In 2007 I started an e-mail newsletter for nonprofit colleagues and classmates in my graduate school cohort. I kept all those emails filed away for future reference. About a year or so later I started this website to cache ideas and resources for the sector. At the time, it seemed logical to fill the new webpage white space with something slightly more meaningful than paragraphs of Lorum Ipsum. So that, combined with me resisting the urge for a “Hello, world!” first post, the “back issues” of the Philanthropy Primer found a home on this website.
Today [March 2, 2021], I noticed one of those old posts, saw that most of the links were dead-ends, and I decided to mark it as unpublished. However, I actually clicked on republish. Then in an unfortuante turn of events, the article revival was proudly announced on Twitter and LinkedIn. Predictably, that misstep has prompted some of the folks I most trust and respect in the profession to click on my mistake and call their friends over to take a look. So, I will include it below for those that want to see where my head was 14 years ago. The other “issues” of the Philanthropy Primer are still available if you take this stuff as serious as me… but surely you have better things to do.
The Philanthropy Primer is brought to you this week by the letter E and the number 1. [I don’t get my own 14 year-old joke] “The Primer” is a day late. I had a paper on ethics due yesterday and only exceeded the page limit by 1 thin slice of dead tree… I hope an appendix isn’t counted as part of the paper. To all my fellow Philanthropy & Development peers, I feel your pain.
The seemingly impossible is possible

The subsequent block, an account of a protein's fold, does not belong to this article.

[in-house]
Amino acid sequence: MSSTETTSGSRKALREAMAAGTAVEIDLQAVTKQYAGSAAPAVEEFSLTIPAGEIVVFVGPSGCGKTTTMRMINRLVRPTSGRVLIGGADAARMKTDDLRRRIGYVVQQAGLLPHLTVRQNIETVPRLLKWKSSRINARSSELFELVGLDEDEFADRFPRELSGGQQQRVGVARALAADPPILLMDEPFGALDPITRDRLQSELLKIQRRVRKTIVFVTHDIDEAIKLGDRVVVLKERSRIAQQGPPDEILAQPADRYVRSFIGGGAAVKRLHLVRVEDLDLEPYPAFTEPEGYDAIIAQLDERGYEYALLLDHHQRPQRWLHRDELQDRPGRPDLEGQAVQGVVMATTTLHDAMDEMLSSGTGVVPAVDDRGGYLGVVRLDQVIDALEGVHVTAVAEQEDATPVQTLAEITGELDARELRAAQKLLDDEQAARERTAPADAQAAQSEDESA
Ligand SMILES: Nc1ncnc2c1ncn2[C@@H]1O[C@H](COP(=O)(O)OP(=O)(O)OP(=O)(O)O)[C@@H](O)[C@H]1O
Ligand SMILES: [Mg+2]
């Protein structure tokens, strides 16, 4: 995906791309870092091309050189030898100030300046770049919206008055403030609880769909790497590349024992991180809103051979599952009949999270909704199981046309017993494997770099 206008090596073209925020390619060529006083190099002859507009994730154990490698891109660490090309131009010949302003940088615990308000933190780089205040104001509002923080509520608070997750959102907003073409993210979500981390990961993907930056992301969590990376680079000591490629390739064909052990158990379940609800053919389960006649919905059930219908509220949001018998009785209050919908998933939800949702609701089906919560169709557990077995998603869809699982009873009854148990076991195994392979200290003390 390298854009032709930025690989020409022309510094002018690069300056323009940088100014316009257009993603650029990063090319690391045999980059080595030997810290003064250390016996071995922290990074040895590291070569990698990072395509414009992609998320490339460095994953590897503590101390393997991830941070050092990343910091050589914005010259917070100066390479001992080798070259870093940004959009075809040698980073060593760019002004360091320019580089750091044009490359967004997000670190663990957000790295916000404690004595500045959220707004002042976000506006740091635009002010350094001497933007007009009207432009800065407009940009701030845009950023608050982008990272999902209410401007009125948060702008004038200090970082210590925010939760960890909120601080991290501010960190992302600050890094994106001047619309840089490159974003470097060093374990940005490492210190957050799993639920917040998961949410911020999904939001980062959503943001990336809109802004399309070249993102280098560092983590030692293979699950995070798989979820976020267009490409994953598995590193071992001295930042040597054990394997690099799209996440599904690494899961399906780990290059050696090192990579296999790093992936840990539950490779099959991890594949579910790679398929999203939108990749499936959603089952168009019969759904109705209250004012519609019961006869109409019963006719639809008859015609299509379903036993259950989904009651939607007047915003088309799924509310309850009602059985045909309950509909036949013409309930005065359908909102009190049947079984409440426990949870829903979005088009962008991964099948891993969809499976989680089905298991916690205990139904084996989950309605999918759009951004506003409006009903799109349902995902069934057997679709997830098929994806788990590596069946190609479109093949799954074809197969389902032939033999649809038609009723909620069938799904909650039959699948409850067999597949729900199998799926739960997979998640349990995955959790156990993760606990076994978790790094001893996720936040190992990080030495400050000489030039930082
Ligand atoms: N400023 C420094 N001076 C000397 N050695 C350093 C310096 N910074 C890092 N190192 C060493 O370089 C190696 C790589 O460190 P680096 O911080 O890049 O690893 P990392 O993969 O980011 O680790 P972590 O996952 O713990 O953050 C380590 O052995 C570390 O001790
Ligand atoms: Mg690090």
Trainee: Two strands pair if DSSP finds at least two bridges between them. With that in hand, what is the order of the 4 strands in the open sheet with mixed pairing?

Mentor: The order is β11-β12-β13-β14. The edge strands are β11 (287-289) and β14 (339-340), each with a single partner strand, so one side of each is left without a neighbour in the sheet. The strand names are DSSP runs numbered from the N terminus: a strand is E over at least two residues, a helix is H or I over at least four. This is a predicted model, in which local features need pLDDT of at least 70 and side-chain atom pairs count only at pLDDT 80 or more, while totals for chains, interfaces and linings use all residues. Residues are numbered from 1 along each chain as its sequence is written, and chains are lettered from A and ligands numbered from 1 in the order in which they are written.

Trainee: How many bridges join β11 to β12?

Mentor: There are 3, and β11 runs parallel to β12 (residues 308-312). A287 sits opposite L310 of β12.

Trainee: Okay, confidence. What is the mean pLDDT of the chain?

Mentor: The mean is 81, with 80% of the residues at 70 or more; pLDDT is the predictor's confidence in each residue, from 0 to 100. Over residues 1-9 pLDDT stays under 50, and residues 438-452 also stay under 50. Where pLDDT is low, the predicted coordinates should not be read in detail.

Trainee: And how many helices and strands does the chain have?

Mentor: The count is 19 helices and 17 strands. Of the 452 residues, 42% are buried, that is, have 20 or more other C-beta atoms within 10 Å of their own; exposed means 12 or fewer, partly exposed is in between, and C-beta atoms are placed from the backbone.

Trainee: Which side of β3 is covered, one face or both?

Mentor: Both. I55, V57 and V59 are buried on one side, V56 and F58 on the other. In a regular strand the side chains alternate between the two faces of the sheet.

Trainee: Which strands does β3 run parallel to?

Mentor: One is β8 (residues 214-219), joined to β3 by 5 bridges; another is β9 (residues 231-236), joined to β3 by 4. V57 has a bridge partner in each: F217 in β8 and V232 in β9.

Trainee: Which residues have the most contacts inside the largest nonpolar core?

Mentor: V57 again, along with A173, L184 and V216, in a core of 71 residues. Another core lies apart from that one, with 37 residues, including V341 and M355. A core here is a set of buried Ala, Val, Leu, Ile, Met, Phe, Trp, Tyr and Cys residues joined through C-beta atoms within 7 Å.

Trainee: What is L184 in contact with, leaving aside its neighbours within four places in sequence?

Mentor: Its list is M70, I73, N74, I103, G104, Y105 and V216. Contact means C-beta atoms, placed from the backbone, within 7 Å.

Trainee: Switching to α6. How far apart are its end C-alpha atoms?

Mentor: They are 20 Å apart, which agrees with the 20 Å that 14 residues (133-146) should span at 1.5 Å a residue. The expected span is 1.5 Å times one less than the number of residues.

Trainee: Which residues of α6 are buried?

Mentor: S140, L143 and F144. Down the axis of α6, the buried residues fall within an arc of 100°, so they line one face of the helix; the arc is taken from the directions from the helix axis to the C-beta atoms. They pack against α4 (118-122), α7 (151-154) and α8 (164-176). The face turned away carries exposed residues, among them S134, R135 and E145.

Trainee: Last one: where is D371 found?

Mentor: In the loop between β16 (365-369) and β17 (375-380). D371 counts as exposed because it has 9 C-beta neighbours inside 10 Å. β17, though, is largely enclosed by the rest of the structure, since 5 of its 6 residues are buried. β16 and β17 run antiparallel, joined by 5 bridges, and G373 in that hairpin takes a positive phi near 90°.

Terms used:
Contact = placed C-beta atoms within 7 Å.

Please take a look at the video. It’s 20 minutes long, but worth every second (except for the first minute… which is pretty slow).
Put your money where your heart is (404 error, no Wayback Archive)
Looks like Gen Y is at it again, not even graduated and already they are looking to restrict their gifts.
Student Newspapers Offer Their Views on Donor Intent and Corporate Partnerships (404 error, no Wayback Archive)
At first I was impressed that students are even paying attention to these sort of topics… then I read the article from the Daily Texan and I realize they aren’t just starting to pay attention, they’re just starting to get credit for paying attention. Another well written article (and well researched) for a student paper.
Giving: like heroin, but more expensive (Wayback Machine)
Interesting opinion when considered in light of Kay Sprinkel Grace or Penelope Burke. I don’t think the two views are at odds with one another, but it’s always good to remember the roots of your mission and case for support. If you want to take a deeper dive, check out Donor Centered Fundraising (Burke).
Writing in your proposal about what you need the grant for (Wayback Machine)
Aside from ending the title with a proposition, this post is a good starting point for proposal-writers block.
Form 990 revisions: The IRS got the message (Wayback Machine)
Thankfully this didn’t affect my previously mentioned paper on Nonprofit Law and ethics (but it did hit REALLY close to home).
37 fundraising tips for the price of 1 (Wayback Machine)
I have to admit, I didn’t actually read this one, but had to include it for Cohort 17 (mostly Holly… and Simone) for the list it provides; 8 things to know about women donors.
Reality-based fundraising: appeal to the emotions (Wayback Machine)
Speaking of Simone Joyaux, here’s an article that should hit close to home for my SMUMN cohort.